Make no mistake, the improvement above is largely due to less consumption.  So what will happen?  The U.S. Treasury and Federal Reserve want a systematic devaluation of the US dollar.  As the above chart points out, this is their current path.  They are satisfied that Wall Street is back to the good old days and the taxpayer is subsidizing their casino at the cost of the US dollar.  In their mind’s eye, they are looking for a decade long decline in the dollar followed by moderate to strong inflation.  When was the last time that you saw on the mainstream media the U.S. dollar debated?  In that way, we essentially inflate ourselves out of this bubble without the masses getting into a frenzy.  Even the banks are betting on this.

Wells Fargo is now talking about converting their option ARM loans into interest only loans:

“NEW YORK (Dow Jones)–Wells Fargo & Co.’s (WFC) strategy for modifying its billions in troubled Pick-A-Pay mortgages looks a lot like a game of kick-the-can-down-the-road.

Wells Fargo, the fourth-largest U.S. bank by assets, holds more than $107 billion in debt tied to option-adjustable rate mortgages, a quintessential loan product from the housing boom that allowed borrowers to make small monthly payments in return for increasing their mortgage balance. Now, many Pick-A-Pay borrowers own homes worth far less than they owe in mortgage debt, even as many of them can afford a full monthly payment that pays down principal.

To solve that conundrum, Wells Fargo is taking a gamble: The bank is issuing thousands of interest-only loans that will defer borrowers’ balances for as long as six to 10 years. Wells Fargo is wagering that an eventual rise in housing prices in the country’s worst-hit regions, along with a rise in consumers’ income, will eventually combine to cover the bank’s billions in underwater Pick-A-Pay debt.

“We’re banking on the fact the economy will improve and recover over time,” Michael Heid, co-president of Wells Fargo Home Mortgage, said in an interview.”

Wells Fargo is essentially betting on another housing bubble.  Think of an option ARM loan that is at $500,000 on a $250,000 home (58% of these loans are in California).  Wells Fargo is betting that the current borrower by 2019 or whatever date will then be in a home valued at $500,000 or more.  They are simply betting on another bubble spurred by the U.S. Treasury and Federal Reserve.  In Japan, real estate values remain depressed after 20 years.  This after trillions into their banking sector and trillions in fiscal stimulus (sound familiar?).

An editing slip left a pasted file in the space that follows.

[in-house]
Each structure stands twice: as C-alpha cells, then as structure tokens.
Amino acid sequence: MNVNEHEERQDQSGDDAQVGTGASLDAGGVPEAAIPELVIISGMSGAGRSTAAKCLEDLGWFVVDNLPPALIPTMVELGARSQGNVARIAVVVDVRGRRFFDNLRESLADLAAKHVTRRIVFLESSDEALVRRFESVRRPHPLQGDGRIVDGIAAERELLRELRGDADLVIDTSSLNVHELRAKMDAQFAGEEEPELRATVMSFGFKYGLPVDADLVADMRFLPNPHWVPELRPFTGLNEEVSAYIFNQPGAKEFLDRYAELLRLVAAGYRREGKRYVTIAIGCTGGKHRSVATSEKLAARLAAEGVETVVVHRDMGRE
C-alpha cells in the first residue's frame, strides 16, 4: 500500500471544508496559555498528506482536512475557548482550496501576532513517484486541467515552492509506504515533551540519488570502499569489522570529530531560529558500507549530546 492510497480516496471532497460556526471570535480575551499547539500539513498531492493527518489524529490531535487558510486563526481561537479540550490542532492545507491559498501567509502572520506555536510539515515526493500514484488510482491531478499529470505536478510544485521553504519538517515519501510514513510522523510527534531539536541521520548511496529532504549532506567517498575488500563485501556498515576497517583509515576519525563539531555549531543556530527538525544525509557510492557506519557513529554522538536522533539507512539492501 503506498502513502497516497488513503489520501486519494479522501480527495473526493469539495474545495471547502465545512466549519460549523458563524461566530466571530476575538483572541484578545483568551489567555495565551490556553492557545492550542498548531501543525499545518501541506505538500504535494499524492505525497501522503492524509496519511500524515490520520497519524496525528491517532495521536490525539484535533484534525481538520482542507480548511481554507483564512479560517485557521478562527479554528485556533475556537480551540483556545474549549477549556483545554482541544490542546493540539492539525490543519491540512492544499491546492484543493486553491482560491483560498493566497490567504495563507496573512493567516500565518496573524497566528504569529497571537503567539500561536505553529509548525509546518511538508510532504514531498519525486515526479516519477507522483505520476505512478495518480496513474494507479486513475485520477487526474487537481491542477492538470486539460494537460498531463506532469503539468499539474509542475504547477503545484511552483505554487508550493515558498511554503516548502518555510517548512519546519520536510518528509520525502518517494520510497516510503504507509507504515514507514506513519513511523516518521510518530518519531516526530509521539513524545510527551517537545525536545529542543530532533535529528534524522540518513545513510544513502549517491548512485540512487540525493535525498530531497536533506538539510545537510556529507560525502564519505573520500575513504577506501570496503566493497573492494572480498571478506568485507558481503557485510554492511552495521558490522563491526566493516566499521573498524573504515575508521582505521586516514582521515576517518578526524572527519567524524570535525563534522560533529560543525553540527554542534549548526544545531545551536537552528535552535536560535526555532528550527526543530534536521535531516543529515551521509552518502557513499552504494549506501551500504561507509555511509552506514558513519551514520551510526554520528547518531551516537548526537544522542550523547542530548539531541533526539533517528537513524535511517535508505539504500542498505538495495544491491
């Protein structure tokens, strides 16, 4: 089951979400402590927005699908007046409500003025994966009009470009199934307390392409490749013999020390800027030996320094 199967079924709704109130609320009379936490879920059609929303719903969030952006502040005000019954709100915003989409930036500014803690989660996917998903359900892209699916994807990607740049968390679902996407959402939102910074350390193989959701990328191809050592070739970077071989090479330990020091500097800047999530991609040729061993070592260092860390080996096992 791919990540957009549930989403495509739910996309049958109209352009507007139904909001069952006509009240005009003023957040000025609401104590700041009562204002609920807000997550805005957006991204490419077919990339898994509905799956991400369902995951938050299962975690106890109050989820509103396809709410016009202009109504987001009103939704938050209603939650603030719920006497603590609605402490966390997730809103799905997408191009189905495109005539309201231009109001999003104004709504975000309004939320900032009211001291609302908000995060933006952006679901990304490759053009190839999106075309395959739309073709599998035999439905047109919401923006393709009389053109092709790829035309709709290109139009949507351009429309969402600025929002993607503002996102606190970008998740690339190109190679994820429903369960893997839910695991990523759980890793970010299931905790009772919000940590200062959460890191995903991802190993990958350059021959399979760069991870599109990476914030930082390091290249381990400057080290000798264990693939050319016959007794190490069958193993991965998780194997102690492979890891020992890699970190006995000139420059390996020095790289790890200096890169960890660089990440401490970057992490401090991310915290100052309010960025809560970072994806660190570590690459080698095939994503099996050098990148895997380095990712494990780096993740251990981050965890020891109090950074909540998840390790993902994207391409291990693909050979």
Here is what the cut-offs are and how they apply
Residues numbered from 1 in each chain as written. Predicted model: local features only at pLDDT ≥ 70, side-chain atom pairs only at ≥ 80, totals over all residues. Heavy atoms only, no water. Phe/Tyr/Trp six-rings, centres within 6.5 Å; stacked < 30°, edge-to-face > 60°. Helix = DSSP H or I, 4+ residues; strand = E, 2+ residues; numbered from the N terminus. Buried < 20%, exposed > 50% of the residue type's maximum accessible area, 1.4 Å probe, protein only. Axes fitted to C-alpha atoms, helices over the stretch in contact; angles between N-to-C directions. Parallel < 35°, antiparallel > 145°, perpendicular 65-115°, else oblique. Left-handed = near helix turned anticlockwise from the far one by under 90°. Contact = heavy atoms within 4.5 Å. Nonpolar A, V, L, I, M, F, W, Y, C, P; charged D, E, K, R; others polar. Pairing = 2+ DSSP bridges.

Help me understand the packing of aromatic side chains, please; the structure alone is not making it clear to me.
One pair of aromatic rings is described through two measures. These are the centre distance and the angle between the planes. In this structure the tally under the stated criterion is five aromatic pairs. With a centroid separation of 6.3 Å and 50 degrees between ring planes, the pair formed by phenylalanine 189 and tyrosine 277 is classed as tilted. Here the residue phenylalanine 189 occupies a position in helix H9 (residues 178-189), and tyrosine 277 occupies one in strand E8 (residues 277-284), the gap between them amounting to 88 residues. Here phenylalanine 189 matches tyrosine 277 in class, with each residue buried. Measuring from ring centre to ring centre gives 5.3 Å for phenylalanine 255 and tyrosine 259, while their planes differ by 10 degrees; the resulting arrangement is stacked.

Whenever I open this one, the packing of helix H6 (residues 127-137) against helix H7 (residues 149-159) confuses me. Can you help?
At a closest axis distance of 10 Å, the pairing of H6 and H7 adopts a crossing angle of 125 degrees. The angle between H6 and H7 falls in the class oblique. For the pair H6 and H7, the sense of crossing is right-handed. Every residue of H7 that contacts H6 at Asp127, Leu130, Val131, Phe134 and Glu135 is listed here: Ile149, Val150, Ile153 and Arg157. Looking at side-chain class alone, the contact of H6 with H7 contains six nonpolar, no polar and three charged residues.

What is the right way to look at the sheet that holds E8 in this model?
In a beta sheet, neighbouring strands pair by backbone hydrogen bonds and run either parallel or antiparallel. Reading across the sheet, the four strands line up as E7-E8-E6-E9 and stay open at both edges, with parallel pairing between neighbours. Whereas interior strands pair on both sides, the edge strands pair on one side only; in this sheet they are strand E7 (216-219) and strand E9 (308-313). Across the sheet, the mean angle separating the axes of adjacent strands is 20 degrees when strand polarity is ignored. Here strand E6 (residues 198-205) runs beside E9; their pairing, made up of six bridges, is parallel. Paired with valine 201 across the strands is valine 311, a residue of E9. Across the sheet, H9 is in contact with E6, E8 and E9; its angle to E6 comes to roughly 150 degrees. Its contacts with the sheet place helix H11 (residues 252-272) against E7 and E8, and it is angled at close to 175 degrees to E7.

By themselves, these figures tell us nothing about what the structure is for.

So going back to our initial question, if income is down where is the money coming from?  It isn’t coming from credit card companies because they are slashing limits and credit.  Right now it is coming from the government.  But it comes at the cost of breaking the dollar down.  Why else is gold now trading near $1,100?  The world won’t finance our spending spree forever.  Buying more cars and more homes is not a long lasting solution.  I doubt that has any long-term sustainability.  But the real question will come in 2010 with the stimulus running low.  Will the real economy make up for lost incomes?  Of course we need to create jobs and good paying positions for that but that has yet to be seen.  Until then, we are spending money we don’t have to buoy the economy.  Is that really good news?

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2 Comments on this post


  1. edward said:

    Thanks for the great charts. I especially like the dollar chart. I have no idea how long the fed is going to be able to keep this game going. My money is on a higher gold price by playing the miners through gdx and an intermediate term continuation in the bear market in equities (spxu). My fear is that I might be wrong and equities will continue to rally because of the easy money.

    November 6th, 2009 at 1:16 pm
  2. Concerned Citizen said:

    This analysis is spot on. As you said, the dollar is going to continue to decline by design. And the Wells Fargo policy of refinancing the Option-ARM loans only postpones judgement day. Well over half of the homeowners with those loans are underwater — many of them will strategically default (mail the keys to the home to the bank — “jingle mail”) because it makes more economic sense than to keep paying for an asset for the next 6 or 10 years that isn’t worth even the loan balance. As Edward commented, equities could keep going up, even though the economy and real estate perform badly. During the Weimar hyperinflation, the stock market did well for stocks that had assets, it was just another way to own the asset. Gold and foreign currencies did best. More at beforeitsnews.com.

    November 12th, 2009 at 11:43 am